Nothing like putting your hand up to name your party as the victim, and at the same time point out the strength of your position.

But now that those politically motivated spokespersons, who are to the fore in attacking the DUP and other fellow unionists, have admitted that their real goal is to replace our locally accountable devolved institution with Direct Rule we can see the total bankruptcy of their thoughts. Some of these individuals have a track record of attacking fellow unionists at every opportunity. This is the Direct Rule that unionists, who lived under it previously, always referred to as “Dublin Rule” because of the joint manner with which decisions were taken by London and Dublin under Direct Rule.

He finished:

Let them explain to the people the benefit of Water Charging and higher Regional Rates which would automatically follow Direct Rule. And are they content to have Westminster impose same sex marriages and abortion on demand on our community? Such folly. Have they so quickly forgotten the decisions of direct rule in the past?

So to get unionists pulling in the same direction, the answer is to unite them in a shared hatred disapproval of some trusty conservative issues: gay rights and pro-choice? A sure-fire strategy for success?

On Good Morning Ulster this morning, Alderman Jim Rodgers defended the flags leaflet as setting out the facts about another party, and said that he would be willing to leaflet homes again. So if you live in Belfast, watch out for a leaflet proclaiming the direct rule leanings of the protest organisers and the direct rule roulette that they might play with NI’s human rights.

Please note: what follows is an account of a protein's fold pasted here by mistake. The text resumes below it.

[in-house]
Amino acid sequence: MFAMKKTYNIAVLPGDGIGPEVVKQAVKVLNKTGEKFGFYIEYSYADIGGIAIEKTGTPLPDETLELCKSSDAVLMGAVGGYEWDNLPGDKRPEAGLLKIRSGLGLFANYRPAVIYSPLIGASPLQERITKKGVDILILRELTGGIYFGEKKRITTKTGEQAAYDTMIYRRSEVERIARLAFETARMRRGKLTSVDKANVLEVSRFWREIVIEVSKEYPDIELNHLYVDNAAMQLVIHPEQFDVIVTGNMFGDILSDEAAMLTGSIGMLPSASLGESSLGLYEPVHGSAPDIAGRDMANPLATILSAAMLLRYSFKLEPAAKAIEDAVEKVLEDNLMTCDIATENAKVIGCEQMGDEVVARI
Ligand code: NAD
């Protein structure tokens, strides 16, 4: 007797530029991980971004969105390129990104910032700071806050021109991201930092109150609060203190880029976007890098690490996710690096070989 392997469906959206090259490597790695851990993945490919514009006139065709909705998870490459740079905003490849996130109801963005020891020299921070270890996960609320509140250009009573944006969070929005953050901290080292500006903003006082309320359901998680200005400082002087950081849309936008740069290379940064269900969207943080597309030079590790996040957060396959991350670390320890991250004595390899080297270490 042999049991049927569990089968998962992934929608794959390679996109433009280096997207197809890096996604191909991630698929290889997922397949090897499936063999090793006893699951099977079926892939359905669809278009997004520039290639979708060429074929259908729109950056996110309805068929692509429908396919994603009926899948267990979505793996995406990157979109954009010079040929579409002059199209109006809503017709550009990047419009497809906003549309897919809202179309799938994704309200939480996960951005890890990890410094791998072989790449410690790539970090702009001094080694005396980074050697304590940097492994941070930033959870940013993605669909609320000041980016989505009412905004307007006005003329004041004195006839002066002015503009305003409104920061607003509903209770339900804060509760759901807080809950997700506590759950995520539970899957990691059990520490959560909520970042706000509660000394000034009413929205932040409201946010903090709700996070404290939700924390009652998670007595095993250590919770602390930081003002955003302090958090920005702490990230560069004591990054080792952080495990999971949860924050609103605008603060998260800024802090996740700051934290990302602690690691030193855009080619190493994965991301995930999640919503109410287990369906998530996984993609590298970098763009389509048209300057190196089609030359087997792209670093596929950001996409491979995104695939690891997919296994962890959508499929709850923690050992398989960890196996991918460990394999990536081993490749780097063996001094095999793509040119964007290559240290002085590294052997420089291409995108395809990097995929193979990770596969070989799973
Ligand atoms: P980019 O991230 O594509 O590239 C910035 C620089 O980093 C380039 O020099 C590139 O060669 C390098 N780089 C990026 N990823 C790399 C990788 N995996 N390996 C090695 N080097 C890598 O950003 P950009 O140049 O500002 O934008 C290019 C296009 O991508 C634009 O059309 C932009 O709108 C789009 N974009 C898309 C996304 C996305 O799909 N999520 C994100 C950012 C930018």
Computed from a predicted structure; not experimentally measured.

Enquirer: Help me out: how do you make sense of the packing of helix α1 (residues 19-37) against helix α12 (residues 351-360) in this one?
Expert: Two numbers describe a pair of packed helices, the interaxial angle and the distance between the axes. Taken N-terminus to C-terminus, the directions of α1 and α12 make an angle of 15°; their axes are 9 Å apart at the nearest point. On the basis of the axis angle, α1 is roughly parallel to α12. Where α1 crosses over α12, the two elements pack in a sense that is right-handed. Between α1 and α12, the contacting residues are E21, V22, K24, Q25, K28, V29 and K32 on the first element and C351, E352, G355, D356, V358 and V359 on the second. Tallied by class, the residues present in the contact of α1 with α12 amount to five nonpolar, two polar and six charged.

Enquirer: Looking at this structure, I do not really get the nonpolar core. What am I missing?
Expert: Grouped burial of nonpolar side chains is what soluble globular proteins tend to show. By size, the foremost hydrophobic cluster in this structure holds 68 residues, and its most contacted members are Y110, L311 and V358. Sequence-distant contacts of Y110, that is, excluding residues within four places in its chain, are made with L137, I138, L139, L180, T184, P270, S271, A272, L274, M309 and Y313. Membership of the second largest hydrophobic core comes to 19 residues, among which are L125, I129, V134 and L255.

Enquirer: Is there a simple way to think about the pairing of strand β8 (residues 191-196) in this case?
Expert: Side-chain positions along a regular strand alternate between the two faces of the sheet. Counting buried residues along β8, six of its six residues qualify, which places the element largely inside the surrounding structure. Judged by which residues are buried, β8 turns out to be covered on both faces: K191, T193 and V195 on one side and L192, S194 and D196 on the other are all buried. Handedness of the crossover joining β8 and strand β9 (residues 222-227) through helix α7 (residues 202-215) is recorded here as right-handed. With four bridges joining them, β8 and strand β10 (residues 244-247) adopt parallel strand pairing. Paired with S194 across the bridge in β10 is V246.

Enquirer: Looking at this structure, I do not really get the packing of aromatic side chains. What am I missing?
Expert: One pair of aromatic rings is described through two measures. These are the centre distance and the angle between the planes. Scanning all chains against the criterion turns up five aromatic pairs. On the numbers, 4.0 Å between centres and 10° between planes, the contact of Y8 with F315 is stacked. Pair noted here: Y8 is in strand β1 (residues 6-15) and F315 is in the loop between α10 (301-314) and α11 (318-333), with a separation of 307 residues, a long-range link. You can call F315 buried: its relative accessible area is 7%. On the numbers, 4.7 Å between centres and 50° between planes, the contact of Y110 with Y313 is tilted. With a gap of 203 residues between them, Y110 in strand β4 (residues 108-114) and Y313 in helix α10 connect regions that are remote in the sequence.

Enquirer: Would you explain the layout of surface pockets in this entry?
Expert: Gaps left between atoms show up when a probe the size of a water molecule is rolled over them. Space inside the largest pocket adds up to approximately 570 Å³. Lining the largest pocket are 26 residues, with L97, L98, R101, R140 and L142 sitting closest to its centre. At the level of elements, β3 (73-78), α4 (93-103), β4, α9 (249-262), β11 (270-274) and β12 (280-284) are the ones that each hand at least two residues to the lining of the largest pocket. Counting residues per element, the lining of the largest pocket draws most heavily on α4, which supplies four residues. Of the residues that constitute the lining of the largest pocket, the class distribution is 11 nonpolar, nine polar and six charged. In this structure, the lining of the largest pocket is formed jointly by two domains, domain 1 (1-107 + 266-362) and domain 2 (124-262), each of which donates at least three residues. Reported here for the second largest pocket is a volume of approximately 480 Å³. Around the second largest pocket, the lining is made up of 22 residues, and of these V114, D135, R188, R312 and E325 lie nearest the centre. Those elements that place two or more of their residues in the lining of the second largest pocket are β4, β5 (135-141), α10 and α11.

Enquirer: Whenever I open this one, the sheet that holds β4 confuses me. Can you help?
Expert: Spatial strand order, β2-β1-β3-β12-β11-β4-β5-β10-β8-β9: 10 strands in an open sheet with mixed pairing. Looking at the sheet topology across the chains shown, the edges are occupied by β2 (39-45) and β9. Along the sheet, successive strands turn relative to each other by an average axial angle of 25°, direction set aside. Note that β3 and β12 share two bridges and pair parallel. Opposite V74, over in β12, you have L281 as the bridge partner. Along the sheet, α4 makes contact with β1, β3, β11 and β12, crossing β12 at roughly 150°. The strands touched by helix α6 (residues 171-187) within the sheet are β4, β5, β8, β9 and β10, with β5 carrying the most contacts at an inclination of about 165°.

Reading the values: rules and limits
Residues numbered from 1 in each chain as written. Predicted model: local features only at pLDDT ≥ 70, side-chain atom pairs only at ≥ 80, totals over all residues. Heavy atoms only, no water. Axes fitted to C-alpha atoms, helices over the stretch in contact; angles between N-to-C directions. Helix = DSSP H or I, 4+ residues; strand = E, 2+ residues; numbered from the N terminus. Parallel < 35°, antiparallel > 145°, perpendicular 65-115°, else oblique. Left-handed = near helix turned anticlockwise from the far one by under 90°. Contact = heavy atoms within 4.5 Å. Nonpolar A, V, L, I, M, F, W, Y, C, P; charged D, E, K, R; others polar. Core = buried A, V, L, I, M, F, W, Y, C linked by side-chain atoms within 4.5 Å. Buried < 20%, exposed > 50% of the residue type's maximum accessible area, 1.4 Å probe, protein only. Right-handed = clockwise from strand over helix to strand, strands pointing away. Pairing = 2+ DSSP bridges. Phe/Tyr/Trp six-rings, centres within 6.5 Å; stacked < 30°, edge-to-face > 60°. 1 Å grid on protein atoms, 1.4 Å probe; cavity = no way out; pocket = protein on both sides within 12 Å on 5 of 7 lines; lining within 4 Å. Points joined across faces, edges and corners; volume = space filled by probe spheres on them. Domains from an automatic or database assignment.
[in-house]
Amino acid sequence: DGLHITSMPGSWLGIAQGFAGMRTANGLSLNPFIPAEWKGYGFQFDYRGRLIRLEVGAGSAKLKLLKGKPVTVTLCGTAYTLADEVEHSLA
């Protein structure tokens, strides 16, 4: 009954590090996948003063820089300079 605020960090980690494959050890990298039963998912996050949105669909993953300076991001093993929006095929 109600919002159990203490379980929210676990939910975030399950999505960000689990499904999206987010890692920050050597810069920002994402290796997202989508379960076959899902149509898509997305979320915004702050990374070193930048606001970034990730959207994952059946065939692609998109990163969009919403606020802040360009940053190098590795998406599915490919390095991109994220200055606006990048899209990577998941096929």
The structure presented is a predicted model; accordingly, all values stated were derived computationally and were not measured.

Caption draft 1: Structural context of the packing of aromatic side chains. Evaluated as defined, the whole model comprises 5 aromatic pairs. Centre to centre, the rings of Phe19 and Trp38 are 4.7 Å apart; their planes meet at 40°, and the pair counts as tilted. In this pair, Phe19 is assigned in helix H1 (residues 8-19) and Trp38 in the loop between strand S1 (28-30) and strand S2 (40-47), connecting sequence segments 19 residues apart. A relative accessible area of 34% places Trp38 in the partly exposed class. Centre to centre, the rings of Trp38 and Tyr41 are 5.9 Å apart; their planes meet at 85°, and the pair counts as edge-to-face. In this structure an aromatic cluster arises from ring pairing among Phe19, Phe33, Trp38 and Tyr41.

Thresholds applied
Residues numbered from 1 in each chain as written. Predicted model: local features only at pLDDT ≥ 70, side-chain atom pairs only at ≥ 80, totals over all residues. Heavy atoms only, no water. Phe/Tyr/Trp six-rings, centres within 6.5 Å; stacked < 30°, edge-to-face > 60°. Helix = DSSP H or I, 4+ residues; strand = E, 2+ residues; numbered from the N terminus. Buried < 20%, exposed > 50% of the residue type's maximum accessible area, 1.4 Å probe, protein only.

There will be fewer MLAs standing by, spectating at protests after this, though they may still need to turn up to encourage members of their constituencies to stand down and behave lawfully. In a way, the anti-devolution notions of the loose group of protest organisers have incurred a greater ire of Peter Robinson and faster than the TUV’s Jim Allister has so far managed.

Speaking of Jim Allister, the TUV leader’s New Year Message [Ed – Mick should release one of those, everyone’s at it!], he failed to address the less peaceful elements of the protest, simply saying:
TUV party logo